What is a pilgrimage?
A pilgrimage is a journey or search of moral or spiritual significance. Typically, it is a journey to a shrine or other location of importance to a person’s beliefs and faith, although sometimes it can be a metaphorical journey into someone’s own beliefs.
Many religions attach spiritual importance to particular places: the place of birth or death of founders or saints, or to the place of their “calling” or spiritual awakening, or of their connection (visual or verbal) with the divine, to locations where miracles were performed or witnessed, or locations where a deity is said to live or be “housed,” or any site that is seen to have special spiritual powers.
Such sites may be commemorated with shrines or temples that devotees are encouraged to visit for their own spiritual benefit: to be healed or have questions answered or to achieve some other spiritual benefit. A person who makes such a journey is called a pilgrim.
Christian pilgrimage was first made to sites connected with the birth, life, crucifixion and resurrection of Jesus. Aside from the early example of Origen, in the mid second century, surviving descriptions of Christian pilgrimages to the Holy Land date from the 4th century, when pilgrimage was encouraged by church fathers like Saint Jerome and established by Helena, the mother of Constantine the Great.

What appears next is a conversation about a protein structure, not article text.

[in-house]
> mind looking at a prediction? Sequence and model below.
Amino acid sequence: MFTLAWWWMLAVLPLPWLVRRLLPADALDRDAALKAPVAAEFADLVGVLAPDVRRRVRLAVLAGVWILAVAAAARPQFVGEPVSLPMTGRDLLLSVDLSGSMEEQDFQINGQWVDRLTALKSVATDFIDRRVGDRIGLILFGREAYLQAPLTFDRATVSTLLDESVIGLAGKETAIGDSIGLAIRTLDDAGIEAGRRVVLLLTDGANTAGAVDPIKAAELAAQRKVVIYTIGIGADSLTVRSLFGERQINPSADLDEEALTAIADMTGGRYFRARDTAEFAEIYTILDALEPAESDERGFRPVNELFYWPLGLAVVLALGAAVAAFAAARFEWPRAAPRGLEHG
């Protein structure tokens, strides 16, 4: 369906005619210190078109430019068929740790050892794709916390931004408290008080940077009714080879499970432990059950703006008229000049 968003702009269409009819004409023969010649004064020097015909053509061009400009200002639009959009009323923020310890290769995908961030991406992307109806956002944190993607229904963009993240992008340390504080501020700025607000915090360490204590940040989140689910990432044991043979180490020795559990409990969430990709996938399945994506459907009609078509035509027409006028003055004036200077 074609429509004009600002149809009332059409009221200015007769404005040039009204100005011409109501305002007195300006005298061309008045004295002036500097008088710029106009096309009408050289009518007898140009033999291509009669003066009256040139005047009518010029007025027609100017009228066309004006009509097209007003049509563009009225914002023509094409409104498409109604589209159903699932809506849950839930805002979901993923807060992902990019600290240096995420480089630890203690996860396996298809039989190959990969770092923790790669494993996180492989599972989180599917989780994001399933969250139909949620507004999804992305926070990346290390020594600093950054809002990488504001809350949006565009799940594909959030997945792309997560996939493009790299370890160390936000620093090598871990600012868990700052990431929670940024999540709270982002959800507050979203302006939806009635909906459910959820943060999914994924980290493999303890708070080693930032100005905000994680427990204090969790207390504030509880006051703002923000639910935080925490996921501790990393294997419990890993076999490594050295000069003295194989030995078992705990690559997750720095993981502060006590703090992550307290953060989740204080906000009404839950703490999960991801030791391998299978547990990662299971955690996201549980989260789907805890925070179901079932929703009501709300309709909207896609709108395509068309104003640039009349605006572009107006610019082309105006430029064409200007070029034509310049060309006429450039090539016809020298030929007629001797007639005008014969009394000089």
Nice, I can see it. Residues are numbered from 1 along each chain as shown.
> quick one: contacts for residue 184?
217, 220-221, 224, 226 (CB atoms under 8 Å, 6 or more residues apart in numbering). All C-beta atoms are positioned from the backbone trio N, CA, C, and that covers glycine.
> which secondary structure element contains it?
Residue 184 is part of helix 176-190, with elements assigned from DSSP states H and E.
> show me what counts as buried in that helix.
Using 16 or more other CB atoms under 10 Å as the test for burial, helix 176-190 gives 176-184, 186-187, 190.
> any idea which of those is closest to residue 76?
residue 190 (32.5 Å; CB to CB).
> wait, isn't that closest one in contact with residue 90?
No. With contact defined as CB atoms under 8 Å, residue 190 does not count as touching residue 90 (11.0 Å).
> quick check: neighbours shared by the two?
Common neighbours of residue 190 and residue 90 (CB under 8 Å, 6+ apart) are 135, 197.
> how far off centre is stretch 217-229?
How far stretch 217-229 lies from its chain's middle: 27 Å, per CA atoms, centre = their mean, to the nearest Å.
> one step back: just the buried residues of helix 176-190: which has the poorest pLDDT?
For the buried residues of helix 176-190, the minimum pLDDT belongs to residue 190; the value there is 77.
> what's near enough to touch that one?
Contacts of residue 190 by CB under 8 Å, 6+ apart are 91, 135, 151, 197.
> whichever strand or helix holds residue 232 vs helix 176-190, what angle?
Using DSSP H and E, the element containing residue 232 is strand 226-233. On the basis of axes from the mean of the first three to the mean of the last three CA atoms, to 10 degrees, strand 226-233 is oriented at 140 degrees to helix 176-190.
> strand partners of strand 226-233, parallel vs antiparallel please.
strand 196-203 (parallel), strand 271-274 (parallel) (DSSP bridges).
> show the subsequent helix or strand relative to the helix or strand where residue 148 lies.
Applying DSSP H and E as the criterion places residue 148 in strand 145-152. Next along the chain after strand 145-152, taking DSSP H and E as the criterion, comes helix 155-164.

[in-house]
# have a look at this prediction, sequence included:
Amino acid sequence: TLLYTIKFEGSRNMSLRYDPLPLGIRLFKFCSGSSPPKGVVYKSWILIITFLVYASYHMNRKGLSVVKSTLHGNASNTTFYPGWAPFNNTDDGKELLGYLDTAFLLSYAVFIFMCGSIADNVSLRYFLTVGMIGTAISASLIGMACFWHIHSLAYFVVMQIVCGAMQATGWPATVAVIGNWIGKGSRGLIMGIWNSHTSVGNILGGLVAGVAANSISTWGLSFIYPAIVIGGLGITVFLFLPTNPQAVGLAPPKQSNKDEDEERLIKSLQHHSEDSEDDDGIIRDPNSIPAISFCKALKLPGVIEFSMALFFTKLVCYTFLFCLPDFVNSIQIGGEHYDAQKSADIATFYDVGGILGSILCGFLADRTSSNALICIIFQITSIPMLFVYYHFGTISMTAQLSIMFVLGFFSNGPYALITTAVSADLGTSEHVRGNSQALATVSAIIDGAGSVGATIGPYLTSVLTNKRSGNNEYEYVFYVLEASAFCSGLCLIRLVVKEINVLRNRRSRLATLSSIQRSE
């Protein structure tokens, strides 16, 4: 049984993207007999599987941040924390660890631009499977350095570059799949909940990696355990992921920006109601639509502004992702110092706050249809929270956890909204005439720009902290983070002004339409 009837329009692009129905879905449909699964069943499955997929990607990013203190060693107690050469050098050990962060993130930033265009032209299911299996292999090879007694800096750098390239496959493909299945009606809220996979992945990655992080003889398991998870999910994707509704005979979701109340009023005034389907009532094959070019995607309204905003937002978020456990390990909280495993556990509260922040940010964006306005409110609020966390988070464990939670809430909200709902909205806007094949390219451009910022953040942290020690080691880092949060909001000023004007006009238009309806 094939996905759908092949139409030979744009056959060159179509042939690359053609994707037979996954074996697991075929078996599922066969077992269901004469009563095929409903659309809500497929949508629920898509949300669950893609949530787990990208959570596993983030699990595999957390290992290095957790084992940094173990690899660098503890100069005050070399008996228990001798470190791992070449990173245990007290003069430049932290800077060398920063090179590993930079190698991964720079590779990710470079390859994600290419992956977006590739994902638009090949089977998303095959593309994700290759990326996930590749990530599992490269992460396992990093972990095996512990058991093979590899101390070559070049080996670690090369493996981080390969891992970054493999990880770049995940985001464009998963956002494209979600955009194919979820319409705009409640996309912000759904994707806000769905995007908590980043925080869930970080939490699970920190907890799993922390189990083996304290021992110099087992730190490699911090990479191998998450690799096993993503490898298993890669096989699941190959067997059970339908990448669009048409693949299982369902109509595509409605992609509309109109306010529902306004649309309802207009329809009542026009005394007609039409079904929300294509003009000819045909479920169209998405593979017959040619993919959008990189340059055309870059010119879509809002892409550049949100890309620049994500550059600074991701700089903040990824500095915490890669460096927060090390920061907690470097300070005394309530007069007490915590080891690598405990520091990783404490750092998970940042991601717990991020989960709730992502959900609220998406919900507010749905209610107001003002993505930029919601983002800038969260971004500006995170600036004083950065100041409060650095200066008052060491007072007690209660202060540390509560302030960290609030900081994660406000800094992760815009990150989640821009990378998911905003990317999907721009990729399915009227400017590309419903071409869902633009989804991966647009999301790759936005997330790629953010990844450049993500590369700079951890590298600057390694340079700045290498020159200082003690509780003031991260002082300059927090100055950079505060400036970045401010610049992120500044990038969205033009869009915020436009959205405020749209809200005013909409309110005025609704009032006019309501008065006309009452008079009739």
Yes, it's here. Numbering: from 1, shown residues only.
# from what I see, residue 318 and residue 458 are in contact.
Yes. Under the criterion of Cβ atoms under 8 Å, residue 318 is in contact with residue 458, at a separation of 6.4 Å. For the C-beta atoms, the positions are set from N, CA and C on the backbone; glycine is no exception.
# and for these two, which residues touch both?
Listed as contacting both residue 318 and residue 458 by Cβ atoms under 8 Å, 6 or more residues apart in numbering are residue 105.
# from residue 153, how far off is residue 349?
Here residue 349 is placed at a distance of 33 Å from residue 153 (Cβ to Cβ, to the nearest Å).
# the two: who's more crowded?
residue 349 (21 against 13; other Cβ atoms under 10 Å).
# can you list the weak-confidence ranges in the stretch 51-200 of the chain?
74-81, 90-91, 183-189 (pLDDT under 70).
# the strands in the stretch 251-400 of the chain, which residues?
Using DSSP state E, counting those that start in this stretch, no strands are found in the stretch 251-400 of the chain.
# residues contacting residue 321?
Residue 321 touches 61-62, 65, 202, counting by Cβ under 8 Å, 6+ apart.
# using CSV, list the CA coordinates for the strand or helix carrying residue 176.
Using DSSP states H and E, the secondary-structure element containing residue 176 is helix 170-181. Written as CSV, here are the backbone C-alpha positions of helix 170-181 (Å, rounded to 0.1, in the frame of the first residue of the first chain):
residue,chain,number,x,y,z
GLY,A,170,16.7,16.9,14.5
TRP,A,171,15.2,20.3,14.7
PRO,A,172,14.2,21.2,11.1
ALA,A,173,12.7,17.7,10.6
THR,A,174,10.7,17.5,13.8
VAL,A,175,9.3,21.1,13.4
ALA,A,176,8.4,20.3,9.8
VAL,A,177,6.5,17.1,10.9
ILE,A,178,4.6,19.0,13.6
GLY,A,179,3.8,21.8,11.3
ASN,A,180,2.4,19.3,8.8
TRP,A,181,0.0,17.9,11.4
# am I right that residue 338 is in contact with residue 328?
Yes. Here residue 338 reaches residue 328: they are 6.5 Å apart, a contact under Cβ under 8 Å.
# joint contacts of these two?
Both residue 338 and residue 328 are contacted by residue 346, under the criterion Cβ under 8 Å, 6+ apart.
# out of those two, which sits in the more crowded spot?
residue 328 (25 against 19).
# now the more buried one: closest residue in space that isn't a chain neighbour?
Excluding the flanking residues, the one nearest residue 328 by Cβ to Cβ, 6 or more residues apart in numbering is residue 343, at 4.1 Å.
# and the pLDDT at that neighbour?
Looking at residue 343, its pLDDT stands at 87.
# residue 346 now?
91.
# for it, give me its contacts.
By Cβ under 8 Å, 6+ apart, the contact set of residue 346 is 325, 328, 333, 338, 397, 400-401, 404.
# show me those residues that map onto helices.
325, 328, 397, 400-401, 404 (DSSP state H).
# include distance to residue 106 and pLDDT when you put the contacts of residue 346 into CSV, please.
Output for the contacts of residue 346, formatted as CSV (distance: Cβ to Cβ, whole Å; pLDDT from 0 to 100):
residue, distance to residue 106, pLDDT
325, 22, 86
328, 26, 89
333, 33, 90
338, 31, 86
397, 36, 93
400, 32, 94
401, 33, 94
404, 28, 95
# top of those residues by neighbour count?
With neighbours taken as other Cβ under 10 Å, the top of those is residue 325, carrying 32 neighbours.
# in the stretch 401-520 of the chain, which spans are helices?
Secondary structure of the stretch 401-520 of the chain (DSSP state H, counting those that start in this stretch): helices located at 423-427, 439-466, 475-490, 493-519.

Pilgrimages also began to be made to Rome and other sites associated with the Apostles, saints and Christian martyrs, as well as to places where there have been apparitions of the Virgin Mary.
Popular pilgrimage sites
A popular pilgrimage site in the past and today is Santiago de Compostela, in Galicia, Spain, in reference to the Apostle St. James, The Great. Chaucer’s The Canterbury Tales recounts the tales told by pilgrims on their way to Canterbury and the shrine of Saint Thomas Becket.
The current Rector, The Revd Canon Howard Stoker, is a Guardian of the Shrine of our Lady of Walsingham, and a number of adults and young people from St. Andrew’s regularly attend the National Pilgrimage at the end of May.
In 2013 the Parish Retreat took the form of a pilgrimage to Ampleforth Abbey, following in the steps of the northern saints.